A further limitation is the possibility that intrinsic competencies are underrepresented in GIOSAT and the Medical Expert role is overrepresented. Future iterations of the GIOSAT tool may emphasize the intrinsic competencies either in terms of the number of items or the extensiveness of the descriptors. According to current concepts, reliability and validity are not properties of the instrument but properties of the instrument’s scores and interpretations.43 The same instrument used in a different setting or with different subjects may produce different results; thus, our results may not necessarily be generalizable to other populations.

The GIOSAT Medical Expert competencies section relating to psychometric properties is appropriate to be used for summative assessment. The intrinsic competencies section and, by implication, the scale as a whole are not yet appropriate for summative assessment.

The aim of future research will be to identify the number of raters, scenarios, and examinees necessary to establish reliability and generalizability. The development of scenarios specifically designed to challenge specific domains (Professional, Health Advocate and Scholar: PHAS Roles) may be required for the appropriate use of GIOSAT for summative assessment.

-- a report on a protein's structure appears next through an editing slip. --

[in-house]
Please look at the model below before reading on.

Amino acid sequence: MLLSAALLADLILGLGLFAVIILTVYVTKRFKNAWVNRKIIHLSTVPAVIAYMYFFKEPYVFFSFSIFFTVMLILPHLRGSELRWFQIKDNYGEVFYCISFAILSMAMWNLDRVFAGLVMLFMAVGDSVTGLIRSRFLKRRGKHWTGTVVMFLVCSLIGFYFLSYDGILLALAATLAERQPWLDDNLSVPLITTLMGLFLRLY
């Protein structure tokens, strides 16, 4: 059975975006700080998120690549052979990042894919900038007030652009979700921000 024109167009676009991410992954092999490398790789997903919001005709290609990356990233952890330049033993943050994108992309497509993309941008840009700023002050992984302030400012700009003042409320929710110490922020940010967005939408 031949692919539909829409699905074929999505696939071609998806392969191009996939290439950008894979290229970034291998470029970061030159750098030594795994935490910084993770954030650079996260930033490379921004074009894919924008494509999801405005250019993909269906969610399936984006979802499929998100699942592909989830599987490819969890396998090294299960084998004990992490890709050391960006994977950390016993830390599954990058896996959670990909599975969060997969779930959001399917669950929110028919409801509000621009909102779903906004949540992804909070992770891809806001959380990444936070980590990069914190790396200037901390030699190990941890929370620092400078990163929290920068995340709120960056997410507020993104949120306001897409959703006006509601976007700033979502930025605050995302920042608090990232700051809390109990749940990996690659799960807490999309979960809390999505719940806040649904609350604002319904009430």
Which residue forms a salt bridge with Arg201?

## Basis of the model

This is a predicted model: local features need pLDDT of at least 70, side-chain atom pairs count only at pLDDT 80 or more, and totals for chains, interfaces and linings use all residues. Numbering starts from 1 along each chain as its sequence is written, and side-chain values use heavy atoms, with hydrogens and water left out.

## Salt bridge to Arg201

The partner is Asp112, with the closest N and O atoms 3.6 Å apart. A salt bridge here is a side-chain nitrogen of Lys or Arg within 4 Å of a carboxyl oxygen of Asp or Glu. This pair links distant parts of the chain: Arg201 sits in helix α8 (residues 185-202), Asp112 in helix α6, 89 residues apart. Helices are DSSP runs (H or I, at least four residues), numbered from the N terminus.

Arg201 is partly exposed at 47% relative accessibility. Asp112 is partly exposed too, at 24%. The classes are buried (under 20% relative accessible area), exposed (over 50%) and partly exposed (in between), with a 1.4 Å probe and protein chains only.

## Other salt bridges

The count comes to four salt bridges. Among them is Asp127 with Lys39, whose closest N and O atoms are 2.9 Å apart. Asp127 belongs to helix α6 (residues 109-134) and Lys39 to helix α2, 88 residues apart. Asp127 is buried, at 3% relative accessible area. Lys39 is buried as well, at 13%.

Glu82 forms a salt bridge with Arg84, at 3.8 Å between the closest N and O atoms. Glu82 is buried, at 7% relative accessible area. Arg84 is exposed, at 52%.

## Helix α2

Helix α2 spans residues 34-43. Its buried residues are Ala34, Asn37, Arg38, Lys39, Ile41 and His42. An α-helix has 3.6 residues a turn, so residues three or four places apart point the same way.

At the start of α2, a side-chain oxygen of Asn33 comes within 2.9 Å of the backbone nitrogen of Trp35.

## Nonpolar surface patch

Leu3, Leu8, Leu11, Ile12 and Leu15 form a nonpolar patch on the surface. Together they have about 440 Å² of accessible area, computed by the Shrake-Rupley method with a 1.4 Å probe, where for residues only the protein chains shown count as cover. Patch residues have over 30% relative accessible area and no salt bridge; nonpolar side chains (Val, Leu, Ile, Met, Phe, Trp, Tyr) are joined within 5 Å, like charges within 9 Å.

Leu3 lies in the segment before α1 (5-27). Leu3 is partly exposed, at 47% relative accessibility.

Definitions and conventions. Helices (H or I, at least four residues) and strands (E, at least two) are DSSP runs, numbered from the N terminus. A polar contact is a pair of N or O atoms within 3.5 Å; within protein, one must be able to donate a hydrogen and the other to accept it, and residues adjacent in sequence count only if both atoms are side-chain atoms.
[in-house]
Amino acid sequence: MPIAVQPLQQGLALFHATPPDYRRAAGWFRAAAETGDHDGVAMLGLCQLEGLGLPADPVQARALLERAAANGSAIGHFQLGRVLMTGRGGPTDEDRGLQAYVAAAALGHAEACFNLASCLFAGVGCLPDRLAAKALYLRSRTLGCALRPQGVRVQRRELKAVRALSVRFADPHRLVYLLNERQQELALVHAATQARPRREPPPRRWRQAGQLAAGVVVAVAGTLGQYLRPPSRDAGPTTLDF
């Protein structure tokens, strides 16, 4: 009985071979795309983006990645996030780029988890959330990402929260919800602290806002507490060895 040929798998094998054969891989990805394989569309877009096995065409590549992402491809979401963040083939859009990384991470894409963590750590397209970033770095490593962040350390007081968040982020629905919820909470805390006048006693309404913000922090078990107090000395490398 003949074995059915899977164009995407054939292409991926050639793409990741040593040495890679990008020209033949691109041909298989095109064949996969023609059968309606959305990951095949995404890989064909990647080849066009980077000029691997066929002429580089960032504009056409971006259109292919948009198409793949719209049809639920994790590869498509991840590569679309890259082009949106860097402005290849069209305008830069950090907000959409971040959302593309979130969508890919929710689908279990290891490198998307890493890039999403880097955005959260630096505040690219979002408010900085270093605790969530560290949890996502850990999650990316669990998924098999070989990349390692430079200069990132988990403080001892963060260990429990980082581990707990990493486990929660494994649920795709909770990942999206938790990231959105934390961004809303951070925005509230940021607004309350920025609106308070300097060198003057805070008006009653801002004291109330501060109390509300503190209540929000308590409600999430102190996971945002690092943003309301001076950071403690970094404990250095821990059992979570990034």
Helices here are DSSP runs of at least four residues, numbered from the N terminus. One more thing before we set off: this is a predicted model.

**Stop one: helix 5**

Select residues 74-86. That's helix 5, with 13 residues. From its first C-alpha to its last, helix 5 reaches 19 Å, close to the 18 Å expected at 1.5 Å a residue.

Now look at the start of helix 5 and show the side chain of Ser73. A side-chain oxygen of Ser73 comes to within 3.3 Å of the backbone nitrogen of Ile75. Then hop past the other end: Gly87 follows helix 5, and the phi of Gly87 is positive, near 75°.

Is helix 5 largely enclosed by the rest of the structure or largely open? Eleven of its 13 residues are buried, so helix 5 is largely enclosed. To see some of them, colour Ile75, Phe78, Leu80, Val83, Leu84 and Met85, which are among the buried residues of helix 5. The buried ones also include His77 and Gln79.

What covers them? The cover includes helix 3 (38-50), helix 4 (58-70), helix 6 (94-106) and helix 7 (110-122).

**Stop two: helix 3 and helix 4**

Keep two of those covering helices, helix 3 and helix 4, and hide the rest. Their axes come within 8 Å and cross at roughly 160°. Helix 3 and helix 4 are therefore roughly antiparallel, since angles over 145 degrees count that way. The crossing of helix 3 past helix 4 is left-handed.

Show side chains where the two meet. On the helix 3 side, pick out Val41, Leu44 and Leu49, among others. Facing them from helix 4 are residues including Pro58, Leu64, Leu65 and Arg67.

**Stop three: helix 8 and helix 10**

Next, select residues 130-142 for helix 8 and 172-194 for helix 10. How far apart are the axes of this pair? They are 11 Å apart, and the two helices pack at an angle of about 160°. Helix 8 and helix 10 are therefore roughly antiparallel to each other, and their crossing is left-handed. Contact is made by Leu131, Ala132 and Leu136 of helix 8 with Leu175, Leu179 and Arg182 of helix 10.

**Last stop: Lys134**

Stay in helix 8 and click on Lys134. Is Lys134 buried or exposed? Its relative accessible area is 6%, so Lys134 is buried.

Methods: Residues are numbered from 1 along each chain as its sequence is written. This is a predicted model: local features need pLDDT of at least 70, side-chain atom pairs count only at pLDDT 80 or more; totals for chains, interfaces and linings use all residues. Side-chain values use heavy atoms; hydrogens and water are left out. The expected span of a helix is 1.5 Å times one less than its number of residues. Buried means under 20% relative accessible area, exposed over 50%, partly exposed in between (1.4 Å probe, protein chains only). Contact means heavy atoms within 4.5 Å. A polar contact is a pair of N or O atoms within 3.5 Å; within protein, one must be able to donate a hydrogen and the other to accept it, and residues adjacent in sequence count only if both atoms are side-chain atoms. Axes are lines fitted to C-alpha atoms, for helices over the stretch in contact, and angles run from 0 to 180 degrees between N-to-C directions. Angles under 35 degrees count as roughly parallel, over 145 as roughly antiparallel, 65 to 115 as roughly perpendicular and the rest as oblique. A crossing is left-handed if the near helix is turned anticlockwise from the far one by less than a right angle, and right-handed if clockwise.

Acknowledgements

The authors sincerely thank Kevin Thomas and Drs Michelle Chiu, Simone Crooks, George Dumitrascu, and Robert Elliott for facilitating the pilot study. We also thank the residents of the University of Toronto and the University of Ottawa for their participation in the study.

Funding

This study was supported in part by an education grant from the Postgraduate Office and funds from the Department of Anesthesiology, University of Ottawa.

Competing interests

None declared.

Supplementary material

12630_2012_9871_MOESM1_ESM.doc (94 kb)
Supplementary material 1 (DOC 94 kb)
12630_2012_9871_MOESM2_ESM.doc (38 kb)
Supplementary material 2 (DOC 38 kb)

Copyright information

© Canadian Anesthesiologists' Society 2013

Authors and Affiliations

  • Victor M. Neira
    • 1
  • M. Dylan Bould
    • 1
  • Amy Nakajima
    • 2
  • Sylvain Boet
    • 3
  • Nicholas Barrowman
    • 4
  • Philipp Mossdorf
    • 1
  • Devin Sydor
    • 5
  • Amy Roeske
    • 1
  • Stephen Noseworthy
    • 6
  • Viren Naik
    • 7
  • Dermot Doherty
    • 1
  • Hilary Writer
    • 8
  • Stanley J. Hamstra
    • 9
  1. 1.Department of Anesthesia, Children’s Hospital of Eastern OntarioUniversity of OttawaOttawaCanada
  2. 2.Department of Obstetrics and Gynaecology, The Ottawa HospitalUniversity of OttawaOttawaCanada
  3. 3.Department of Anesthesia, The Ottawa HospitalUniversity of OttawaOttawaCanada
  4. 4.Research Institute, Children’s Hospital of Eastern OntarioUniversity of OttawaOttawaCanada
  5. 5.Department of Anesthesiology and Perioperative MedicineQueen’s UniversityKingstonCanada
  6. 6.Department of Pediatrics, Division of Emergency Medicine, Children’s Hospital of Eastern OntarioUniversity of OttawaOttawaCanada
  7. 7.Department of Anesthesia, The Civic HospitalUniversity of OttawaOttawaCanada
  8. 8.Department of Pediatrics, Children’s Hospital of Eastern OntarioUniversity of OttawaOttawaCanada
  9. 9.Departments of Anesthesia, Medicine and Surgery AIME, Faculty of MedicineUniversity of OttawaOttawaCanada